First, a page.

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Exclusive: Zelda Williams Talks Noobz, Videogames, Her Famous Father


Exclusive: Zelda Williams Talks Noobz, Videogames, Her Famous Father

Certain second-generation actors or celebrities have a breezy charm and a well-grounded self-awareness about the benefits and drawbacks of show business life, while others wear bequeathed crowns of entitlement that can come across as unattractive. Zelda Williams, the 23-year-old daughter of Robin Williams and Marsha Garces, is just finding her way professionally, but already exhibits plenty of signs of the former. One of the highlights of the new road trip/videogame competition movie “Noobz,” Williams co-stars opposite writer-director Blake Freeman, among others, playing an enchanting but wisecracking gamer who’s the romantic interest of Jason Mewes’ character. For ShockYa, Brent Simon recently had a chance to chat with Williams one-on-one, about the movie, her unique name, videogames, her famous father and her screenwriting aspirations. The conversation is excerpted below:

ShockYa: Do you have any notable memories of being bullied or teased growing up because of your name?

Zelda Williams: Sure. It’s not a common name — I guess it was mostly popular during the F. Scott Fitzgerald years, briefly, and then it dropped off completely. So [kids would] say it sounds old and stuff like that, and for a brief moment in time when you’re a kid you’ll look at any explanation for bullying — when I was around 10 or 11 I was like, “I’m going to change my name when I’m 17!” And then you immediately change your mind when you’re 12, and you like your name again. I think any kid goes through bullying, and it makes you question things — from your hair color to what you wear, your name. And then you get over it and start realizing that people are just assholes. But I still get ‘Selda a lot — like I’m Spanish, and it would be a shortened version of Esmerelda.

ShockYa: “Noobz” is a labor of love for Freeman, and in large part a movie for gamers. Are you a big videogame fan in real life?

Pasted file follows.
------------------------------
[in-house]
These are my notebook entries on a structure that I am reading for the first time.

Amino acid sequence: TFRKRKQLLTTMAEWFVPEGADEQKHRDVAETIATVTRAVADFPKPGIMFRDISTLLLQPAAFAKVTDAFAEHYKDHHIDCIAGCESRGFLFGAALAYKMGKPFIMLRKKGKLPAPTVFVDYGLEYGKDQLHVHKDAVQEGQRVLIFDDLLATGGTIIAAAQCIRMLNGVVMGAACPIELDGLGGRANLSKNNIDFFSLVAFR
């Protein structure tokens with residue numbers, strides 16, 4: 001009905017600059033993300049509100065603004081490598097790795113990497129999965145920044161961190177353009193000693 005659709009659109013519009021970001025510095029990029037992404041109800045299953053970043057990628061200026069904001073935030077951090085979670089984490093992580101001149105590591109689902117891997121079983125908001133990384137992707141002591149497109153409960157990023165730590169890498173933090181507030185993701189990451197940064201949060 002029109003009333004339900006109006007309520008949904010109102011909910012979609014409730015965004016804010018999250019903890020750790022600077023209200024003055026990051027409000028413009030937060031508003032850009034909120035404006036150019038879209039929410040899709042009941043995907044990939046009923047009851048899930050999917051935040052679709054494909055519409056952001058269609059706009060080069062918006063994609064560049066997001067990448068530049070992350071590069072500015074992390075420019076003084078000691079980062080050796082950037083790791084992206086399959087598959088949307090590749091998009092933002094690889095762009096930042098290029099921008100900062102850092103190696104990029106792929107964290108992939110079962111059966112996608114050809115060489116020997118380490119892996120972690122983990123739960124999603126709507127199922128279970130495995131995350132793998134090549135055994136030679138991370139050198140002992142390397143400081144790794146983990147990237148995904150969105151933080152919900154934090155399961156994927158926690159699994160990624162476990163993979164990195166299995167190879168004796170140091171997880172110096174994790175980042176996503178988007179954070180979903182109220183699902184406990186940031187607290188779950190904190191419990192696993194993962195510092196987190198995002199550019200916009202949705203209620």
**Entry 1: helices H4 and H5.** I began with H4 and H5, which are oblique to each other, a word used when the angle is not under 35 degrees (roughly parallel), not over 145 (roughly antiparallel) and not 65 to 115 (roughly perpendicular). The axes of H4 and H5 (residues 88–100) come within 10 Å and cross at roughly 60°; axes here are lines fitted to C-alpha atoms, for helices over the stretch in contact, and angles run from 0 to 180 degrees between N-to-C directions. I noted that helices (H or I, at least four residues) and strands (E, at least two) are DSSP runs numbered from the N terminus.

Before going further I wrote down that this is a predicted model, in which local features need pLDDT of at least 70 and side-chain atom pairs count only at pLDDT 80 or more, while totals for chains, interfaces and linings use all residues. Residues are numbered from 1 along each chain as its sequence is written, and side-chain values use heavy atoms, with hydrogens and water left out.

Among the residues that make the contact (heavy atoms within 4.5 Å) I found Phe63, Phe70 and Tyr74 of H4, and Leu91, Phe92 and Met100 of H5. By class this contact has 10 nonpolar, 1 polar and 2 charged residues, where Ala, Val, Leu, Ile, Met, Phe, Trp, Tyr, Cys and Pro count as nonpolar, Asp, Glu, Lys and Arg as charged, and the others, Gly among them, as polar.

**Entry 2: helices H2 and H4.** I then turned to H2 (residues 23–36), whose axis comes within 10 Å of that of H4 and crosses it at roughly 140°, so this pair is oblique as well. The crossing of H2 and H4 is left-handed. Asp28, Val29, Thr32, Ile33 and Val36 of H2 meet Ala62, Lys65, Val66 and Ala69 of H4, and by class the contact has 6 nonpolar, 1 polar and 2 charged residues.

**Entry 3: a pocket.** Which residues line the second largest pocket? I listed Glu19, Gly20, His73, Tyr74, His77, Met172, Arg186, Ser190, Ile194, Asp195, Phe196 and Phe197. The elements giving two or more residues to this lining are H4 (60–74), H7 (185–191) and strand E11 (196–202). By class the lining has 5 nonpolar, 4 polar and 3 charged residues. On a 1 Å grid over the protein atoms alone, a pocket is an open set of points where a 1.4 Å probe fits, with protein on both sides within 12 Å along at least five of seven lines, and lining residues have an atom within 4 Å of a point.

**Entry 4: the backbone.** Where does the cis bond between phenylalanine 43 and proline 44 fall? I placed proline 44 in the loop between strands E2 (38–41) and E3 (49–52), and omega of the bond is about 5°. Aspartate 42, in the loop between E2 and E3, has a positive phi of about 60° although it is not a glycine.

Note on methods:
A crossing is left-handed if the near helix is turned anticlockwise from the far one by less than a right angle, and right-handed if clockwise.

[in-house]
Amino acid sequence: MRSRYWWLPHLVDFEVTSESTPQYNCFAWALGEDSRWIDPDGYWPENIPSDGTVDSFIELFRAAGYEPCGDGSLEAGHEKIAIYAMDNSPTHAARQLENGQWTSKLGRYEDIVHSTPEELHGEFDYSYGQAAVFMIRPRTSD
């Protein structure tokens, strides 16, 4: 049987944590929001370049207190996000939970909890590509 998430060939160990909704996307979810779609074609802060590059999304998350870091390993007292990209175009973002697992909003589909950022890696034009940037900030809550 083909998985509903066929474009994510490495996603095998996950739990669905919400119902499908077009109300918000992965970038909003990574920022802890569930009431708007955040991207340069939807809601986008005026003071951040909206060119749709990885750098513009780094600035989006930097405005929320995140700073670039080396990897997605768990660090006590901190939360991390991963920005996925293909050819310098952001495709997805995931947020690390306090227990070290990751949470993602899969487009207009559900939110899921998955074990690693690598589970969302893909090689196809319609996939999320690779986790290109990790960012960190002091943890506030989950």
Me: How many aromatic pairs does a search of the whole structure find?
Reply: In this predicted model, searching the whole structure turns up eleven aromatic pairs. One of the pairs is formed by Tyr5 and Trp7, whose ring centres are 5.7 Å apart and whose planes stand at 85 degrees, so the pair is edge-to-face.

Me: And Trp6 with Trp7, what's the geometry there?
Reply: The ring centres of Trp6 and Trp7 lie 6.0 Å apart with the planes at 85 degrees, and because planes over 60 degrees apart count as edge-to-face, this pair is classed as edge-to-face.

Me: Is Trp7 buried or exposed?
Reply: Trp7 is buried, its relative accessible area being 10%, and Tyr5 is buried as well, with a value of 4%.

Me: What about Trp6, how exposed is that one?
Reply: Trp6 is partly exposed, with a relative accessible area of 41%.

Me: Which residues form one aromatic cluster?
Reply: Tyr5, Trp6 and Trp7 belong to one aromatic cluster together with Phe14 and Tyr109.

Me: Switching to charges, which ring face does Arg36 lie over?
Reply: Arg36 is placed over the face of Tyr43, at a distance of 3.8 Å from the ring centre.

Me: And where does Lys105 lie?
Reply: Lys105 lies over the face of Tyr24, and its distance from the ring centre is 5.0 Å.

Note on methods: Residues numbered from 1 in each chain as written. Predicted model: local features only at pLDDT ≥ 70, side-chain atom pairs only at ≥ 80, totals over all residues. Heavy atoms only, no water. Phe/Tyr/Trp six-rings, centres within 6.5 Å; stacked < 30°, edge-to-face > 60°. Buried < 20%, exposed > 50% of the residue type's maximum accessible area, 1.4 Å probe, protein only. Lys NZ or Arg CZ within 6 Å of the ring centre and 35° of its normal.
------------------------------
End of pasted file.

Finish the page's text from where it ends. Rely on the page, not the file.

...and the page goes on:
ZW: Yeah. But I think the weirdest assumption some people have knowing that my dad’s an actor is the feeling that I should be doing big movies. I don’t know where it comes from. I’m just excited to work. …Some people are like, “Oh, you must you be desperate if you’re doing some weird comedy about videogames.” And I’m like, “Hey, it’s my job to do movies, and no, not all of them are going to be Oscar-type films. If that was the case then every actress at the age of 25 would have an Oscar.” They were really nice people; I went into the meeting and we talked about videogames, which was great because I grew up playing them and they wanted to hire someone who fit in with the group. So every single person on that set was a big videogame fan.

ShockYa: What kind of games were your favorites?

ZW: I think it all depended on how much time I had to spend. When you were younger you’d play games that fit the level of your attention — things like “Pokémon,” where you had a Gameboy that you could take in the car. Then when you were a teenager and decided that you had hours you could spend because you weren’t going to be social, you’d play games that allowed for more time. For a long time I loved games like “Smash Brothers” and a lot of puzzle games as well, actually, because my mom and I did a lot of puzzle and word games together. Even now, she travels all the time to other countries where she won’t even have cell service, but she can play with friends and message me, which is great. It’s fun to be able to do that with her when she’s in different places for philanthropy and her job. So a lot of times now that’s what I do. If I’m on set I’m not going to bring an Xbox. In an ideal world, wouldn’t that be great? But I play puzzle games with my mom and my boyfriend, and sometimes my dad will even play if he’s not doing busy stuff — it’s a way to stay connected. A lot of games take up a lot of time, and when you play them you’re not really being productive, and I’m not able to do that anymore unfortunately. I miss it — I miss being able to play “Halo” for seven hours, to level up my guy in “Assassin’s Creed,” like, 18 times, or to find New York in one day. But that’s not something you can really do when you have to be social. I used to be a total recluse when I was a teenager, and that’s when I did most of my gaming.